7. Ken Consaul Ken Consaul says:

    This is my second foray into Tess Gerritsen s books I enjoyed about eighty percent of this one As anyone who has read The Bone Garden, they can guess which eighty percent I m talking about.I really don t see what the present day tie in had to do with the story Essentially not really a spoiler , a woman buys a house, finds a skull when gardening The famous Maura Isles shows up, appears on two pages to tell the reader she has nothing to do with the story The rest of the present day segments revolve around going through a dozen boxes of old newspapers At the end, the main story is tied to the present day one with some kind of mystical reincarnation link.Now that complaint is out of the way, the main part of the story, the medical history mystery in 1830 was first rate Learned something about the sad state of medicine in the era, graverobbers, the plight of the poor and had a pretty good whodunit thrown in I m always a little disappointed when the murderer turns out to be a character that s pretty much been on the sidelines Not giving anything away but the motive for the killing is barely plausible and the killer manages to be perfectly normal except when they are out killing people.It seemed to me the author created the present day scenes simply to put Isles in the story as a cameo.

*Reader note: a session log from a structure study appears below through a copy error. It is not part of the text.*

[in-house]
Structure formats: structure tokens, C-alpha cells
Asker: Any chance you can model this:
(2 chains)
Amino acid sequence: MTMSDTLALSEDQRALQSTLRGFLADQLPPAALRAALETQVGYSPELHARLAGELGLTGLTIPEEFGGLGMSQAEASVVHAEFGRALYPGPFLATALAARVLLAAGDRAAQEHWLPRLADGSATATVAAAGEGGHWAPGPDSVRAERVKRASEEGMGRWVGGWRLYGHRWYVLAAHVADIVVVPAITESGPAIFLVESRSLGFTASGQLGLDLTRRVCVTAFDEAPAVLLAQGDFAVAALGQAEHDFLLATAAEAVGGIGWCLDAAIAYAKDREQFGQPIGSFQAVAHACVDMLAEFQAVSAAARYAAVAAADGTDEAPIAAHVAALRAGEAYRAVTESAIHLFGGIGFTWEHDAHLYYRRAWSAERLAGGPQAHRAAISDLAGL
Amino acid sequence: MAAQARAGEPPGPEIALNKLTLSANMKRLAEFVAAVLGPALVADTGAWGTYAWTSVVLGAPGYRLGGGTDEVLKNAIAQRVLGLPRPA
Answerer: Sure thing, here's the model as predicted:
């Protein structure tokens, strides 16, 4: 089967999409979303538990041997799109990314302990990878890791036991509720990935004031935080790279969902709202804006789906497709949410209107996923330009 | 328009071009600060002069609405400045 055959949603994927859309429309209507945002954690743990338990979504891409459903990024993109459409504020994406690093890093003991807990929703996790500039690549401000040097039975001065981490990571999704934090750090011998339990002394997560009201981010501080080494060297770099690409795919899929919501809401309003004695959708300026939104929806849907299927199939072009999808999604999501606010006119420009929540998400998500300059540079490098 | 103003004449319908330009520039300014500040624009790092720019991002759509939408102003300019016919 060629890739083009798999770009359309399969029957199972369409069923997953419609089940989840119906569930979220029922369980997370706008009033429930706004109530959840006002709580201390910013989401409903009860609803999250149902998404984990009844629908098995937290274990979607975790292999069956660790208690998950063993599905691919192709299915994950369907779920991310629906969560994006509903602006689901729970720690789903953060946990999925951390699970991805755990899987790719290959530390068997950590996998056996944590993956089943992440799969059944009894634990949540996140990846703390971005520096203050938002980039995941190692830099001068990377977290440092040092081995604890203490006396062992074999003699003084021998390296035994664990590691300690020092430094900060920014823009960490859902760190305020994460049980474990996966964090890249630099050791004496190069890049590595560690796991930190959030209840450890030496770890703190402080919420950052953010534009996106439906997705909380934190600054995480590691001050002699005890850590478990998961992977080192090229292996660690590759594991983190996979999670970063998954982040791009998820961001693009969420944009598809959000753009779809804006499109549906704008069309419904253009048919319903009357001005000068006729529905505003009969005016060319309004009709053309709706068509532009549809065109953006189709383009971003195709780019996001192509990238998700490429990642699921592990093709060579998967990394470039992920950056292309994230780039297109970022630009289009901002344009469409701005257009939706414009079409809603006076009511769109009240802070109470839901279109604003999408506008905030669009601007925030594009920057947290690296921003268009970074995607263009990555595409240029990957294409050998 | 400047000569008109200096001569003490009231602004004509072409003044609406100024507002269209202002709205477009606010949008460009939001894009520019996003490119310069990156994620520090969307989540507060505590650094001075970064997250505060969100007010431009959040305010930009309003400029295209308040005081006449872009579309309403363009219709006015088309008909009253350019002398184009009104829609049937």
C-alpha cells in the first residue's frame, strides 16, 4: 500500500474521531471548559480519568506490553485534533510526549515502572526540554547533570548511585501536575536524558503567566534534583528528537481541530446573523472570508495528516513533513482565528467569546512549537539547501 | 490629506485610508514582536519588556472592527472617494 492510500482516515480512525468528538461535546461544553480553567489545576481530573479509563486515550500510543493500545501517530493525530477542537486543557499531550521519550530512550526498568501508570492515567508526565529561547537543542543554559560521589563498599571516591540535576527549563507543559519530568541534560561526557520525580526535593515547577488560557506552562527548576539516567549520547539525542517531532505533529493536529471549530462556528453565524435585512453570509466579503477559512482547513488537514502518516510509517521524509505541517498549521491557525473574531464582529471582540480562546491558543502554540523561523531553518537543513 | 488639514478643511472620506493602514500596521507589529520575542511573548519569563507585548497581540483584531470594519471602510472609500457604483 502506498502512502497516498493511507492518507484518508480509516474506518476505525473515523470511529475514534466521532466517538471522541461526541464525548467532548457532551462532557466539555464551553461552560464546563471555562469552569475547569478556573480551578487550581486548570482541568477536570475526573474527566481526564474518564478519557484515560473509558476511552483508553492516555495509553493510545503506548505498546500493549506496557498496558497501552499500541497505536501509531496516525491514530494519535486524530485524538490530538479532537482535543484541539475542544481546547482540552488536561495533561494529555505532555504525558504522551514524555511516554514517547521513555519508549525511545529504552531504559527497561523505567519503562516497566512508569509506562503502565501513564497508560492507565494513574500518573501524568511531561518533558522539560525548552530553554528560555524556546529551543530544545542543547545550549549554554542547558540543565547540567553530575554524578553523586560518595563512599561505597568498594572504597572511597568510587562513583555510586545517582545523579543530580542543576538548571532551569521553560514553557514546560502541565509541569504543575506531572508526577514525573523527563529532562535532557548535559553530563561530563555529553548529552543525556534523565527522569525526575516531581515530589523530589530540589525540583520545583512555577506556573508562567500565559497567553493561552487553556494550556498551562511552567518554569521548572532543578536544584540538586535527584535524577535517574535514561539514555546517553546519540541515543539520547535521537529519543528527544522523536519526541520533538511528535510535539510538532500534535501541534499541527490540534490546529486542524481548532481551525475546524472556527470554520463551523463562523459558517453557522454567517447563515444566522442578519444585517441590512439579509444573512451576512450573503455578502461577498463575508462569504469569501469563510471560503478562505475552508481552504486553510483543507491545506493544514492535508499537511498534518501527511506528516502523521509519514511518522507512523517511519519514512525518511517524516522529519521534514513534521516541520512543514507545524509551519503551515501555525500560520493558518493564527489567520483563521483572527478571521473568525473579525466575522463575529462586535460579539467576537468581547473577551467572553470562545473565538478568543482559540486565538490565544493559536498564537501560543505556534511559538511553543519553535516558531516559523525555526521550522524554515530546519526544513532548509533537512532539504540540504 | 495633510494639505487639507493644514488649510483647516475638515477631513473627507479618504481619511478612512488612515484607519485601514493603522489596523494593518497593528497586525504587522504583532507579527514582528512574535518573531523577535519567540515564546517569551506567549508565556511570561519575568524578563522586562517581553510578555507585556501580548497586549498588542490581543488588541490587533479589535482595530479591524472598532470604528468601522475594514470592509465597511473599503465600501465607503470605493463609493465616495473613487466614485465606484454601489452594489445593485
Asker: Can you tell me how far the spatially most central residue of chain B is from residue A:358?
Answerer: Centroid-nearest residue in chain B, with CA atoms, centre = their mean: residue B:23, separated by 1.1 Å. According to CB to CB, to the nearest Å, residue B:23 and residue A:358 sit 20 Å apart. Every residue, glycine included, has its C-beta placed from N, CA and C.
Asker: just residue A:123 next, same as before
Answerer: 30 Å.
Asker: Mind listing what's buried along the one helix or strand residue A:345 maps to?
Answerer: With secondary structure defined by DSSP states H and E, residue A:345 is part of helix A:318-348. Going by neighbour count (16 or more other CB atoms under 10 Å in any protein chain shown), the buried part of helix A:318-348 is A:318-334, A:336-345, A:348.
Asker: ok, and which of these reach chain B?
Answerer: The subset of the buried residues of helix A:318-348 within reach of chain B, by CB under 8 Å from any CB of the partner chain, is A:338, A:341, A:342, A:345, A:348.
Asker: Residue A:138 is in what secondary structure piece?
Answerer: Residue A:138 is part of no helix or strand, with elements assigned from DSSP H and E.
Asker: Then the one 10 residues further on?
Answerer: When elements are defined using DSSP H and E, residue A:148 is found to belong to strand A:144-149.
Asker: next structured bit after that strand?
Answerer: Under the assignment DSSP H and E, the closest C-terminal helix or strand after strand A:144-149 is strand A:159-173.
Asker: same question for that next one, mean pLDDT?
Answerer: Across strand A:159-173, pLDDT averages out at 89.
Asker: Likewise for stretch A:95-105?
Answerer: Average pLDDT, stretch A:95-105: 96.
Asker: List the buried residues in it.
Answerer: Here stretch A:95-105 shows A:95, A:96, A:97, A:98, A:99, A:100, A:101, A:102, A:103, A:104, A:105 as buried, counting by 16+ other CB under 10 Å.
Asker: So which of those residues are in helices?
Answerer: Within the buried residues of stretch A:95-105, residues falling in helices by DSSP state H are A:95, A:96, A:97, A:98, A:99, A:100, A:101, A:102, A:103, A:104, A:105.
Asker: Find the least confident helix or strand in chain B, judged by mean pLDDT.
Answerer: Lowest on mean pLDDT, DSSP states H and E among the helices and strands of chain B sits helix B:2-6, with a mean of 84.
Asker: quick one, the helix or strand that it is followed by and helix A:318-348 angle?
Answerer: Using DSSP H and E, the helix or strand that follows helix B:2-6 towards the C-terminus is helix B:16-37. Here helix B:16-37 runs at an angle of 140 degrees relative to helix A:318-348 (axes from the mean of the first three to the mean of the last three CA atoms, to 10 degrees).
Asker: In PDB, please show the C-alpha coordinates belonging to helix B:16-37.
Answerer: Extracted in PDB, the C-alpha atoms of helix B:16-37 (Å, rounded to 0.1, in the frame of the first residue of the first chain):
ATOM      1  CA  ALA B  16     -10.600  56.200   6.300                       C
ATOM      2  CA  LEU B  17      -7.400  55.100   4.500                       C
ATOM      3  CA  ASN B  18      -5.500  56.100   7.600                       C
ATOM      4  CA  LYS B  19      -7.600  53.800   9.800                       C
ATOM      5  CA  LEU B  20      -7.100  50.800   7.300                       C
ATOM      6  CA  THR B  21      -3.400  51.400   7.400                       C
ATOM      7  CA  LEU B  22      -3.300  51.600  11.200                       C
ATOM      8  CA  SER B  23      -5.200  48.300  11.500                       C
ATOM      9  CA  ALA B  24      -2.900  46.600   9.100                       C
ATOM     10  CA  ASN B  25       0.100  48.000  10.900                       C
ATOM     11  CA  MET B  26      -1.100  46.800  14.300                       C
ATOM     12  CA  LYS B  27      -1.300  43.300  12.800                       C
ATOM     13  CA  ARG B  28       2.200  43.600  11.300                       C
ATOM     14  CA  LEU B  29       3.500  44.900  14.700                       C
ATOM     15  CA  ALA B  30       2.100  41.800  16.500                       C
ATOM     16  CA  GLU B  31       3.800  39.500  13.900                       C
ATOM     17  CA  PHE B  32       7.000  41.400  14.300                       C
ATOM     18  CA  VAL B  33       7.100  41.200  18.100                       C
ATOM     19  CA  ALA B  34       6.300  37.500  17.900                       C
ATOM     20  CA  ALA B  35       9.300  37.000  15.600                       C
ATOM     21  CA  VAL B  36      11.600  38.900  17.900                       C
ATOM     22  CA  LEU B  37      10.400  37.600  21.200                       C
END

8. Buggy Buggy says: